cedar-quince rust

Asked February 28, 2018, 12:23 PM EST

My service berry trees have what I believe to be cedar-quince rust. Is there an anti-fungal spray that I can purchase to treat this? I understand that sprays containing ziram are recommended but I haven't been able to find a spray locally that contains it.

Kent County Delaware cedar quince rust

3 Responses

Hello,

Cedar quince rust caused by the fungus Gymnosporangium can affect leaves, fruit, and twigs of the quince trees. It overwinters in swollen twigs that may have an orange appearance, especially when spores are produced on those twigs in the spring. You can prune out the worst affected twigs/branches, and rake up and remove fallen infected fruit. If the alternate host, juniper, is near by, you can also prune out orange spore mass producing cankers on the junipers.
The fungicide thiram is not used in current practices. You can use chlorothalonil, available in stores as Fungonil or Bravo, or in a generic brand. You can also use a copper fungicide. The key is to apply in the spring, when new leaves and fruit are being formed, and the spores are being produced in those swellings on twigs or on old fruit. You may want to apply twice in the spring, about 10 days apart.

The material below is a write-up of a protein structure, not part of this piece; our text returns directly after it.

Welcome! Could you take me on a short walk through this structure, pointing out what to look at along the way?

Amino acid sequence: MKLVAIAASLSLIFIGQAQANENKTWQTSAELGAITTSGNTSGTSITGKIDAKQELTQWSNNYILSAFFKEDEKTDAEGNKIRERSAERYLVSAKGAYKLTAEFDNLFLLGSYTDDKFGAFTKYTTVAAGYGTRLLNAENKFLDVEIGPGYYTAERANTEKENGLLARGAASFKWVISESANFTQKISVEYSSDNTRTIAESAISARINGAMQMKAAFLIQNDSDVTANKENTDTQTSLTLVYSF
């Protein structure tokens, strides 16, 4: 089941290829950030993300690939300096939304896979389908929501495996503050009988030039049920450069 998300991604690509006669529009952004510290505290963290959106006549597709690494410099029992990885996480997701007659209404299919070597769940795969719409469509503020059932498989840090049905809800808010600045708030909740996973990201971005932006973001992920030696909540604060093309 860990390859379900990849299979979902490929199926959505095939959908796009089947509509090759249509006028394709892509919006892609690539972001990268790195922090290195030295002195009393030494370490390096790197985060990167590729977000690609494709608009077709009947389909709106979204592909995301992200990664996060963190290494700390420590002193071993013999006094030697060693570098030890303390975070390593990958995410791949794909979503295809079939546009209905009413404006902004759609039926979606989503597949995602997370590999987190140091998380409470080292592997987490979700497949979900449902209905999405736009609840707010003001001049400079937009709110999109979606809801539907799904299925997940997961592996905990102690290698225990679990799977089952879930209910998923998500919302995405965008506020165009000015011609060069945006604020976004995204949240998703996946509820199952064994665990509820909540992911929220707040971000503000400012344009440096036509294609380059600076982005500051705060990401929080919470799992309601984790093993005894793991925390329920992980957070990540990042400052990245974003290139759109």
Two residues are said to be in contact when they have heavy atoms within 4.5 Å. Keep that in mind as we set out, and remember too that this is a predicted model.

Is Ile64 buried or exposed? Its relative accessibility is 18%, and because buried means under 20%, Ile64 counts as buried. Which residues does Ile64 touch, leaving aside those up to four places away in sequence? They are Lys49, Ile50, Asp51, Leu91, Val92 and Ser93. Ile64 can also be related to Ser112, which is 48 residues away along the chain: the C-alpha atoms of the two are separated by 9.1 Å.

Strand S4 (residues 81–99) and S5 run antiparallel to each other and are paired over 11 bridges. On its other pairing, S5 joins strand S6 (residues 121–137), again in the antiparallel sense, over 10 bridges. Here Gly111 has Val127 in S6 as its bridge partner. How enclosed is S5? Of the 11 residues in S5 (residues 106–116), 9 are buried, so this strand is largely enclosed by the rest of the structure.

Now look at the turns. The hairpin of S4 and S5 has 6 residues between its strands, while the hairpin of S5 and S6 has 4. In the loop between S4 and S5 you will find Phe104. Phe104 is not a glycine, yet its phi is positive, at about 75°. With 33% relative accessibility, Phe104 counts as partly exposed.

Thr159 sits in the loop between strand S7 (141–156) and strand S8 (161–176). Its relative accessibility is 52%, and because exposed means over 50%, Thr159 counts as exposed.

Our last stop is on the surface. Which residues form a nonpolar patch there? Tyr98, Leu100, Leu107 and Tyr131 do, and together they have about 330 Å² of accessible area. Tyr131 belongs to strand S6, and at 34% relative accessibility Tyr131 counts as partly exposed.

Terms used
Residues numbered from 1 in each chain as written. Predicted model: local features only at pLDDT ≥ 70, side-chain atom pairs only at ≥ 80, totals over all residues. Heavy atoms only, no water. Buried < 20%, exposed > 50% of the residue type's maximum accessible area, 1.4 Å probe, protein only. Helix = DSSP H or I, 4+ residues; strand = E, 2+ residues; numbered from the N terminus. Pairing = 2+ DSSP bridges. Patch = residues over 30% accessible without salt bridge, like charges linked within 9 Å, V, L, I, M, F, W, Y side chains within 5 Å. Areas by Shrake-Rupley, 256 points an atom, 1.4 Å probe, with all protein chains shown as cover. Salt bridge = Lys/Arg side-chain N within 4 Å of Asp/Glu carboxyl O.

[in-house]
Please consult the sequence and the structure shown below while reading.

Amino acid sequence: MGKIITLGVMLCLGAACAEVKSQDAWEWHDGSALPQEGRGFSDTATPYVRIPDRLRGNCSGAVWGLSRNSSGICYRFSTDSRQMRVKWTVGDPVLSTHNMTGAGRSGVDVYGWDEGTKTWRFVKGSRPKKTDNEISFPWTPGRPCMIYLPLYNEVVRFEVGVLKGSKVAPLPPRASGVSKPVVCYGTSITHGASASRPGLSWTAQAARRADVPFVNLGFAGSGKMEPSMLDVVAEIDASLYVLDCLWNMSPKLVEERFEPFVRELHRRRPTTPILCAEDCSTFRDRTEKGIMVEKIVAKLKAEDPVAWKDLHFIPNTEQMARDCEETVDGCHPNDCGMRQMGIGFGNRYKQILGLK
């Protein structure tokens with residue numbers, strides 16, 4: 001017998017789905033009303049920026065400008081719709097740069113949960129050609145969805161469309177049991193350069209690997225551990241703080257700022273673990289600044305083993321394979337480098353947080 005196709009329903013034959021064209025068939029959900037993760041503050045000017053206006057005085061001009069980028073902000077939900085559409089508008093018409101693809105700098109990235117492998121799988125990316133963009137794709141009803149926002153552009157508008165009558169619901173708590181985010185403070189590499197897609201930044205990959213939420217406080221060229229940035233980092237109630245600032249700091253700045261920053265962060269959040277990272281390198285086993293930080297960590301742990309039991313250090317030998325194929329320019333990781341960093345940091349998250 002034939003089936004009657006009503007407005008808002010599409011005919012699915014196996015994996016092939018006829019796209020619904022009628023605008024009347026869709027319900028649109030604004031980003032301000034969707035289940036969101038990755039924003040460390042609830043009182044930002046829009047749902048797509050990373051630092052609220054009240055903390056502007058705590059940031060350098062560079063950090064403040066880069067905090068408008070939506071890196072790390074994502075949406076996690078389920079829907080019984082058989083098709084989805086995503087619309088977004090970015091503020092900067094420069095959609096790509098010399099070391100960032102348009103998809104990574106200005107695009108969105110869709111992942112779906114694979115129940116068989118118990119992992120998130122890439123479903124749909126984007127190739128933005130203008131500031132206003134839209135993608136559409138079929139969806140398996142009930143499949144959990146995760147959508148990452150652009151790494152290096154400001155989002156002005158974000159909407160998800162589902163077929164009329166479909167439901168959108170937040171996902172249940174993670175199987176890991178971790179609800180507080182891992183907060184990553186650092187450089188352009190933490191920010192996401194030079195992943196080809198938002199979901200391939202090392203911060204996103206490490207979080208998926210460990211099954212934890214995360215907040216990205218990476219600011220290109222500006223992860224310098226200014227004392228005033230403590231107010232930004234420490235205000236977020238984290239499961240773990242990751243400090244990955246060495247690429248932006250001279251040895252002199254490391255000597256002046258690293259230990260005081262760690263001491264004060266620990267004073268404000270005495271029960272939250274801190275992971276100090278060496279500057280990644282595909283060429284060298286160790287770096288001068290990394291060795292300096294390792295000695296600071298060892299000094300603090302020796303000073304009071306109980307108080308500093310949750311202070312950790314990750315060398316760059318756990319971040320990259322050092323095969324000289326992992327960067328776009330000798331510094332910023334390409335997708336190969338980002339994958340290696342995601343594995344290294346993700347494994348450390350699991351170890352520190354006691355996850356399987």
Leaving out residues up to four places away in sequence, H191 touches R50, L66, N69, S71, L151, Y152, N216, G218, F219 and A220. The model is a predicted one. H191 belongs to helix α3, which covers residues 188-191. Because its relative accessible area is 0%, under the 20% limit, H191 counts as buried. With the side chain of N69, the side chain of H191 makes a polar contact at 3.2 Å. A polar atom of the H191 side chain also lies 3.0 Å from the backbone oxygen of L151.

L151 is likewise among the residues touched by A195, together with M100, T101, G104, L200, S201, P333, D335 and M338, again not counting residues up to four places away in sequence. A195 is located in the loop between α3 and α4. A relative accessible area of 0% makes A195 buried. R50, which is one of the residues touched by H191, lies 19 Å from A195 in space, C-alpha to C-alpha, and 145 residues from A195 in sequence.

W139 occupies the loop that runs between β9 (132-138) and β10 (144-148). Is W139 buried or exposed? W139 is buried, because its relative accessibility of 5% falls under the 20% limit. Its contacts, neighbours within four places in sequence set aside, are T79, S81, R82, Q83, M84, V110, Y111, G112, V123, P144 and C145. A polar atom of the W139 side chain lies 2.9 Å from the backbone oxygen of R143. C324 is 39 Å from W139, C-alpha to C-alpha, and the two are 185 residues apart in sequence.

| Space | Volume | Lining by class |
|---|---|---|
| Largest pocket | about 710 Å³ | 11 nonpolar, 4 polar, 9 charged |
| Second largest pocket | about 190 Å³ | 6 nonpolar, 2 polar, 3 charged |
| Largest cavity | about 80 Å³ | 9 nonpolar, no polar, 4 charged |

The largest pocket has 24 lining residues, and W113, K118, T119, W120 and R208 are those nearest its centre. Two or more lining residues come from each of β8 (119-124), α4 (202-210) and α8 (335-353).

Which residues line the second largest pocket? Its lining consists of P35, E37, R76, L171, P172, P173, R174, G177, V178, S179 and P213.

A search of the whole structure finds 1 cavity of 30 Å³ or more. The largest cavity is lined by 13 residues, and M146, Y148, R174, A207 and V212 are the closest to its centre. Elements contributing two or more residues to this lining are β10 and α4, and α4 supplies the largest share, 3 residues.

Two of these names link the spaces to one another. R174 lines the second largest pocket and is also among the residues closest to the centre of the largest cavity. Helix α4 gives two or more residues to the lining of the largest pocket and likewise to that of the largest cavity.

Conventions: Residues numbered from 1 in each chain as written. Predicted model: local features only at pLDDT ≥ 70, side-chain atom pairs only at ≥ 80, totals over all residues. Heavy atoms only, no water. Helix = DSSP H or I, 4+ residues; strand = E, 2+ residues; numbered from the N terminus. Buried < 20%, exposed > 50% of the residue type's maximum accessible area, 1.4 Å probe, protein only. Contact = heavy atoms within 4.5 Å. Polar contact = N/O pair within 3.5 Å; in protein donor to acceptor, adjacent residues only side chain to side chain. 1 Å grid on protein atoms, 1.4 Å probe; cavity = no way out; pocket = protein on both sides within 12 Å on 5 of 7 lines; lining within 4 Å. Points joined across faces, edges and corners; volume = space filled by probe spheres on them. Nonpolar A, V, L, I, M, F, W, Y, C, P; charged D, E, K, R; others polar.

Thank you for contacting Cooperative Extension,

Nancy

Thanks for the information. I have purchased the product 'Daconil' from Southern States. It contains chlorothalonil. I have sprayed the service berry trees once as the buds are beginning to open and will do so again in the next few days. I have noticed growths on some of the branch tips and will prune these off as well. I had service berries when I lived in Illinois which fed the birds there and I hope to do the same here in Delaware.

Hope you have good luck with your serviceberry trees and the bird watching! Do take care with the pesticides such as daconil and any insecticides for sure with the bees and birds. I would suggest spraying the trees once more at petal drop of the flowers, because bees would be finished then. That way the fruit can develop pesticide free for the birds. The fungicide residues probably last on surfaces about 7 days, depending on rainfall.

Thanks again for contacting Cooperative Extension,
Nancy